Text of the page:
At present, only limited information on active fault systems are available: eruption fissures of the Quaternary volcanic field provide information on the course of active fault systems striking in W-E (80°; degrees from N), NW-SE (120°–140°) and N-S (170°–180°) directions [22,23]. Lineament analysis between Gerolstein and Daun show two main tectonic directions: NNW-SSE (±170°) and WNW-ESE (100°–110°) [24]. Statistical analyses [25] applied on the spatial distribution of the directions of fault zones [26,27], 210 mineral springs and mofettes [28] and earthquake epicenters [13,14] showed that the centers of the modes, i.e., the local maxima in the histograms, denote the preferential alignment directions, while their widths indicate the corresponding directional variations. The spatial distribution of the tectonic features follows the opening direction of the Quaternary volcanic field and shows active ±NW-SE, NE-SW and ±WNW-ESE striking fault directions [29,30,31]. Barite dykes set-up in the Variscan period and reactivated in the Cenozoic at the NE edge of the study area indicate a NNE-SSW sinistral strike-slip fault system [32]. Lead, copper, silver and quartz bearing dykes at the NE, SE and NW edge of the study area indicate NW-SE, NE-SW and N-S fault directions as well [33,34,35].

The reference location Oberehe (cf. Figure 2(b)) is located SE of the Hillesheimer Depression (Devonian Klerf strata). A volcanic eruption fissure along the Rudersbach creek strikes approximately NW-SE (±140°), measured slickensides and a linear arrangement of mineral springs (Rudersbach creek) give indications of active fault structures [23,28,29]. Other mineral springs rise at the Oberehe parking lot SW of Oberehe (Laubachshof), around the so-called Sumpfquelle (SE of Oberehe) and along the Rudersbach creek. Nevertheless, knowledge on the active tectonic regime is limited and incomplete due to the coverage of tectonic faults by soil and vegetation (forest stands).

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Figure 2. Tectonic features of the 1,140 km² study area (a) and of the reference location Oberehe (b) according to the current state of knowledge. At Oberehe it is visible, that knowledge on the tectonic regime [26,30] is limited and incomplete due to the coverage of tectonic faults by soil cover and vegetation (forest stands).

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Figure 2. Tectonic features of the 1,140 km² study area (a) and of the reference location Oberehe (b) according to the current state of knowledge. At Oberehe it is visible, that knowledge on the tectonic regime [26,30] is limited and incomplete due to the coverage of tectonic faults by soil cover and vegetation (forest stands).
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Red wood ants (RWA; Formica rufa-group (Hymenoptera: Formicidae)) are useful bioindicators for the identification of active tectonic fault systems (cf. Figure 3) [28,36]. A particular advantage of the RWA is their high sensitivity to environmental changes. Forced by some million years of evolutionary selection they developed anticipatory mechanisms. Besides an extremely strong temperature sensitivity (0.25 K), they have chemo-receptors for the detection of CO2-concentrations and an electromagnetic field sensitivity [37,38,39,40,41,42]. As early as the beginning of the last century, entomologists presumed a dependency of spatial RWA mound distributions on geological formations [43,44,45]. Work [46] already stated in 1929 that there are no preferred locations of RWA mounds within a forest stand. Typical in-line alignments of RWA mounds regardless of any preferred direction, i.e., edge effects of forest stands and/or roads, were described for the nature reserve Rudolfshagen [47]. Consequently, an integrated GeoBioScience-approach requires the consideration of the interaction between the abiotic (e.g., tectonic processes) and biotic (e.g., preferred settlement sites by RWA) environment.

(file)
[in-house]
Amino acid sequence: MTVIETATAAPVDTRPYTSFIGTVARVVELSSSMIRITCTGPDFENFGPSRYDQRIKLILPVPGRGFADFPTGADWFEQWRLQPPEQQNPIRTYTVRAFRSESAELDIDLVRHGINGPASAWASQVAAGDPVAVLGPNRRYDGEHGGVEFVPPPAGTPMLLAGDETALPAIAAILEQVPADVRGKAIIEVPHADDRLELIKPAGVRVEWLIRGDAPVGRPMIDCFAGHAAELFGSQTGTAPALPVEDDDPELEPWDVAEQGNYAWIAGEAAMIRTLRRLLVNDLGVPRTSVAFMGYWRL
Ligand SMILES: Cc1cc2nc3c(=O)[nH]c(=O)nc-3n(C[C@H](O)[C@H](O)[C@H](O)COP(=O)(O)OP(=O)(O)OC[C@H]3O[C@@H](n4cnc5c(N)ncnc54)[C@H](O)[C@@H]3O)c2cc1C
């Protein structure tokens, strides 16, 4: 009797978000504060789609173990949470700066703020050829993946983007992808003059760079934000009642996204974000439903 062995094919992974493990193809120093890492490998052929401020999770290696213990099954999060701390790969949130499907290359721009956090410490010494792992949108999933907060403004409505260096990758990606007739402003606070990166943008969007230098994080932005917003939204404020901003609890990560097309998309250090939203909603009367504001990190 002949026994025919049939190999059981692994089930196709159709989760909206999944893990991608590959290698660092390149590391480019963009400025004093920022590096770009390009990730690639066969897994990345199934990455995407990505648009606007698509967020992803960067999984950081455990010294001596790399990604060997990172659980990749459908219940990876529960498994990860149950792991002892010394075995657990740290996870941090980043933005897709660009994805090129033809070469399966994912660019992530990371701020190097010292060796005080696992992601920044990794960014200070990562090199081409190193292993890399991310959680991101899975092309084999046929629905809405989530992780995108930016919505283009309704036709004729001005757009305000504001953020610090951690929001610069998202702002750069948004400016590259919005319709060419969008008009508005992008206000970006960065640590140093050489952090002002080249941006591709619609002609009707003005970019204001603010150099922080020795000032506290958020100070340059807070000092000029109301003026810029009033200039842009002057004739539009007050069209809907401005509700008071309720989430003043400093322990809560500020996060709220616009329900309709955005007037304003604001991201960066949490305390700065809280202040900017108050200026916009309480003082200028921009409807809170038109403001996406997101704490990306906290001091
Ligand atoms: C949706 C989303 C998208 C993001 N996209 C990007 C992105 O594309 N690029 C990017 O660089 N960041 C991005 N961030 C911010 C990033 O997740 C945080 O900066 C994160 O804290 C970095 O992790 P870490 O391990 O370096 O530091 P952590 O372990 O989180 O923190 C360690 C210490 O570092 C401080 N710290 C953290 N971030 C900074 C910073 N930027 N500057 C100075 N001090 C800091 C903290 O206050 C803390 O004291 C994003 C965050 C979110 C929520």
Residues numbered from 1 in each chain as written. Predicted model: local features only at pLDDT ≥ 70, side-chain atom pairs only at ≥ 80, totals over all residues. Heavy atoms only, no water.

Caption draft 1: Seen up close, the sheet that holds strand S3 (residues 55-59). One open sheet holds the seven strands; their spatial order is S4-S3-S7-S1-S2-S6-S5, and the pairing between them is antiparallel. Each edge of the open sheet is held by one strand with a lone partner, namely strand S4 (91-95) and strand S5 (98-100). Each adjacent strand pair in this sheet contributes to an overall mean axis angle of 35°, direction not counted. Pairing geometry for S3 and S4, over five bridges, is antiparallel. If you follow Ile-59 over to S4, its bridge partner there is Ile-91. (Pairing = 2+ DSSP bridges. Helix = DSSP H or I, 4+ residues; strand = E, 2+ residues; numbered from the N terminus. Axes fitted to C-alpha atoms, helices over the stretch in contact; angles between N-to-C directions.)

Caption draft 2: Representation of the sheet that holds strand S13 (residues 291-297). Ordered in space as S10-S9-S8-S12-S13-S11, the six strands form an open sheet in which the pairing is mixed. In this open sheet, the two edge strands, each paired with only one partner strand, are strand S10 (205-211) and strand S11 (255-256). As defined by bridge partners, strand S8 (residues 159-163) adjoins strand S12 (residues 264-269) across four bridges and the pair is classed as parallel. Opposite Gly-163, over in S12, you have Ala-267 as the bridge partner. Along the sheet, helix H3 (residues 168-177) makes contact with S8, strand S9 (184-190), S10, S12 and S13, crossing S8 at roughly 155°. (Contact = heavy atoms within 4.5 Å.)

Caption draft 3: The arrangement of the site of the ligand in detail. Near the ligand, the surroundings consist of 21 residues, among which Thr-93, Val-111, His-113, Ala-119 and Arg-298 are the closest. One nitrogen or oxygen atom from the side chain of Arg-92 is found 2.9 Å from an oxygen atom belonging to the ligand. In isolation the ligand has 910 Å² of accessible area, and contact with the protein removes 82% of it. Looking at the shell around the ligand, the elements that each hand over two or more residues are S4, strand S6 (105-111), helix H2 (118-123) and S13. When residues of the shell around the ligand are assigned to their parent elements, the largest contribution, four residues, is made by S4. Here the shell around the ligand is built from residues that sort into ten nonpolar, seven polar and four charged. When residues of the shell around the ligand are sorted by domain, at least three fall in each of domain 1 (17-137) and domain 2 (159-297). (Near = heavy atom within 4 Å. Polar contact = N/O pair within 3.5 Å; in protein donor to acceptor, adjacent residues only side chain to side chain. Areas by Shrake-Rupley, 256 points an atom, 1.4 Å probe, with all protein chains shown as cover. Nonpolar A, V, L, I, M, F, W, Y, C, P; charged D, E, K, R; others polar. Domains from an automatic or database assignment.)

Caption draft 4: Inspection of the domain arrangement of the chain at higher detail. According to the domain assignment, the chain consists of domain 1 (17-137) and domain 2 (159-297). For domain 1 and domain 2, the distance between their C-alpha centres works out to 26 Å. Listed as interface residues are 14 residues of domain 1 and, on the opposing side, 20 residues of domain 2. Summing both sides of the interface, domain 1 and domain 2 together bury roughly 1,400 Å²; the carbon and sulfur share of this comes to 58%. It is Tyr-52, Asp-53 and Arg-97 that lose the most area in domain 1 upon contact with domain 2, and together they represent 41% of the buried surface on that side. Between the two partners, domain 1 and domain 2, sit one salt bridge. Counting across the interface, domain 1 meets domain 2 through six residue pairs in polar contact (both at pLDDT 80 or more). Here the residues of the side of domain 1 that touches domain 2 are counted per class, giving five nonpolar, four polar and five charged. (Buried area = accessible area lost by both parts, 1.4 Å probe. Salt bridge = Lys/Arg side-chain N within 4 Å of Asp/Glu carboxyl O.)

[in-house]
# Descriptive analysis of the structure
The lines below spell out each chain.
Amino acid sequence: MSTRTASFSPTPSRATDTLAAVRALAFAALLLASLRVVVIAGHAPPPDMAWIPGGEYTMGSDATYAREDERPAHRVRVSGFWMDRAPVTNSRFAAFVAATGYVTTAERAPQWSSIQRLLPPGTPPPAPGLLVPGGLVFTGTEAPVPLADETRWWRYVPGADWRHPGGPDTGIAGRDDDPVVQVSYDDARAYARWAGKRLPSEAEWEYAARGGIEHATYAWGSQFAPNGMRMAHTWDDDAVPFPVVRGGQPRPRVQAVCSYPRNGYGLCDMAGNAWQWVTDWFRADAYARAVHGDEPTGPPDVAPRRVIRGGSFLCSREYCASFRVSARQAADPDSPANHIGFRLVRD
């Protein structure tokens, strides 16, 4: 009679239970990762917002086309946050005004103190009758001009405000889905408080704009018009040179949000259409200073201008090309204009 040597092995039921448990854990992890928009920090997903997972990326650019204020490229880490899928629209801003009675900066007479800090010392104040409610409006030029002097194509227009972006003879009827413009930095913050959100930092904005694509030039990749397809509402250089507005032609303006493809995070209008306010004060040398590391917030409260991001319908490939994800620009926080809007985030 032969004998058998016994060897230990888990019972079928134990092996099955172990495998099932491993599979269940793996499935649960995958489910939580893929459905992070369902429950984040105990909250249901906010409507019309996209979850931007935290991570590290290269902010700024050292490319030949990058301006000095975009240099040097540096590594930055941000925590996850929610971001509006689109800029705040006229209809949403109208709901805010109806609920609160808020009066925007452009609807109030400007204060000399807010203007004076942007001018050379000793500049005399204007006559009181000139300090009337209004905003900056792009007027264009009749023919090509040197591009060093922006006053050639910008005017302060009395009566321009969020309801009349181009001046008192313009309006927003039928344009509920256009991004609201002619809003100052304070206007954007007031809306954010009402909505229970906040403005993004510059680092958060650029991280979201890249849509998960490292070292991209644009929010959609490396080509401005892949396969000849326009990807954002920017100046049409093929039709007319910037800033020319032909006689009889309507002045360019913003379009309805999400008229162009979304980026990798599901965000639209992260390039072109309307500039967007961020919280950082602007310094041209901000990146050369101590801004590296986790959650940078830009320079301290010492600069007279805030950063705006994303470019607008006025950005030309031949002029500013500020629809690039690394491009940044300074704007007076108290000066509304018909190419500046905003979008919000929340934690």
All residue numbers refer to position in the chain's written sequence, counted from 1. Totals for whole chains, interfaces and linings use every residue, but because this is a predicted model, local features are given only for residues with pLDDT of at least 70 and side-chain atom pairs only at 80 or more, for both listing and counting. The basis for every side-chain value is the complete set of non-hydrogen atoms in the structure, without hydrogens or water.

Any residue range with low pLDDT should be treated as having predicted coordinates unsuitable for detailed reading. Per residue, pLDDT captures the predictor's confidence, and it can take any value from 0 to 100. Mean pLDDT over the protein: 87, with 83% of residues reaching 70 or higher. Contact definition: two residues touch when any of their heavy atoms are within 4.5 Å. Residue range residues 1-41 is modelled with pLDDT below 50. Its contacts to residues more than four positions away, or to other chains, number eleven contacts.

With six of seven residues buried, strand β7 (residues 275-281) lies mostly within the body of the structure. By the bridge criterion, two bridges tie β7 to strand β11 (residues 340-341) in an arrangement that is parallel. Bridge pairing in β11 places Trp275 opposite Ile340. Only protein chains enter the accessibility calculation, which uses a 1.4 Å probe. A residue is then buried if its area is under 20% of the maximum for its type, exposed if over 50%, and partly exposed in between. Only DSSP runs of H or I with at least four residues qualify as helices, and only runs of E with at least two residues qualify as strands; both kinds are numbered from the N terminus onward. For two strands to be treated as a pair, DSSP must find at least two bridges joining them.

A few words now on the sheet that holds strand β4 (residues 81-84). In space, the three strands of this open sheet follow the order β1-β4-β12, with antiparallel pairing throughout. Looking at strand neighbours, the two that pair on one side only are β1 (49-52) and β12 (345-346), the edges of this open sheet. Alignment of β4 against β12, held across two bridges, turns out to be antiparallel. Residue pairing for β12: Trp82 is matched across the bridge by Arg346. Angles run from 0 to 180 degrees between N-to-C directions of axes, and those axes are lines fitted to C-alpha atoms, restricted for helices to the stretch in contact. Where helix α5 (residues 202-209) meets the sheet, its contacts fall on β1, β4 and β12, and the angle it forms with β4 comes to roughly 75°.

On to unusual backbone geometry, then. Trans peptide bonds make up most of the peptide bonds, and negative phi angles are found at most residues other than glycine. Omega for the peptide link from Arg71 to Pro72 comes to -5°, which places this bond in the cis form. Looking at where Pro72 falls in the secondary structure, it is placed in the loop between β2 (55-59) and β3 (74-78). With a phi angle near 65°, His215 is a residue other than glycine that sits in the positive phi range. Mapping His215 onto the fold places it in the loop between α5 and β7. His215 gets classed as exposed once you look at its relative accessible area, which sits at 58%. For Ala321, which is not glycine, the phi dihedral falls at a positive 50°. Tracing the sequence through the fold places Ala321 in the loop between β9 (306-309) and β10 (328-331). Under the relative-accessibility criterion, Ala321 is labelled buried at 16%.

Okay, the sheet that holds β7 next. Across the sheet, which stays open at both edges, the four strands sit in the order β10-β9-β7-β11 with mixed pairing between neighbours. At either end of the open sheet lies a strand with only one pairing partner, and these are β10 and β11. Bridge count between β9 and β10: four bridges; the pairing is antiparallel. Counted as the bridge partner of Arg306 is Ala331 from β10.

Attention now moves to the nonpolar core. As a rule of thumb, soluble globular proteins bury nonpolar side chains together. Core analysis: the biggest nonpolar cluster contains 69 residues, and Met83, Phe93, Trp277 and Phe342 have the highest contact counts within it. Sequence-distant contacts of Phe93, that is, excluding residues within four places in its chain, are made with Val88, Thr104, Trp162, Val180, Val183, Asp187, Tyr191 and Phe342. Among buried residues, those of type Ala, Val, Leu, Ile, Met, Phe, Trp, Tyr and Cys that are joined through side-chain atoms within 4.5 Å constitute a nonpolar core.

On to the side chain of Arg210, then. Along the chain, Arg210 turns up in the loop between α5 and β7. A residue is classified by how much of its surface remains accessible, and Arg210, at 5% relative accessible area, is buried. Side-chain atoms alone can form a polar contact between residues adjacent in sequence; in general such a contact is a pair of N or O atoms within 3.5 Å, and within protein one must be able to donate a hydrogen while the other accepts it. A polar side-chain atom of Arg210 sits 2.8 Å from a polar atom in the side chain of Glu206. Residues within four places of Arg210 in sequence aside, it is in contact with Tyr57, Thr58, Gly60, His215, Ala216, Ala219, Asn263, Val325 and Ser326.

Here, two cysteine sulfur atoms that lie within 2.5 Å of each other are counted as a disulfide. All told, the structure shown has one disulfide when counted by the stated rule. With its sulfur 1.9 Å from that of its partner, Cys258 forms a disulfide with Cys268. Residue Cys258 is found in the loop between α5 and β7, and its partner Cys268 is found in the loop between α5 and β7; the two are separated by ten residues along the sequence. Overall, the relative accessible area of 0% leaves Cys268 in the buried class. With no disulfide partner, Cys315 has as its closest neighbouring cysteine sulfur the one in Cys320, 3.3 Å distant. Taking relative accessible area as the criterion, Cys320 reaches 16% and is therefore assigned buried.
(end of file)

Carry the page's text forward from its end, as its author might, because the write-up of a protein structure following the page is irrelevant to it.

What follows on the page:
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Figure 3. GeoBioScience: Relationship between RWA mound sites and gaspermeable tectonic fault systems showing gas anomalies: Along the open systems geogenic gas concentrations exceed atmospheric standards (He > 5,220 ppb) and background values (CO2 > 2 Vol%; Rn, CH4 and H2S depending on the geological setting). Linear alignment of RWA mounds occurs if the gaspermeable fault is running open for a very long distance, e.g., 3 km at the Oberehe site (West Eifel, cf. Figure 5(b)). At crosscut zones of tectonic fault systems clusters of RWA mounds occur. Solitary mounds can be found mostly at unusual locations with spotty degassing [28].

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Figure 3. GeoBioScience: Relationship between RWA mound sites and gaspermeable tectonic fault systems showing gas anomalies: Along the open systems geogenic gas concentrations exceed atmospheric standards (He > 5,220 ppb) and background values (CO2 > 2 Vol%; Rn, CH4 and H2S depending on the geological setting). Linear alignment of RWA mounds occurs if the gaspermeable fault is running open for a very long distance, e.g., 3 km at the Oberehe site (West Eifel, cf. Figure 5(b)). At crosscut zones of tectonic fault systems clusters of RWA mounds occur. Solitary mounds can be found mostly at unusual locations with spotty degassing [28].
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2. Materials and Methods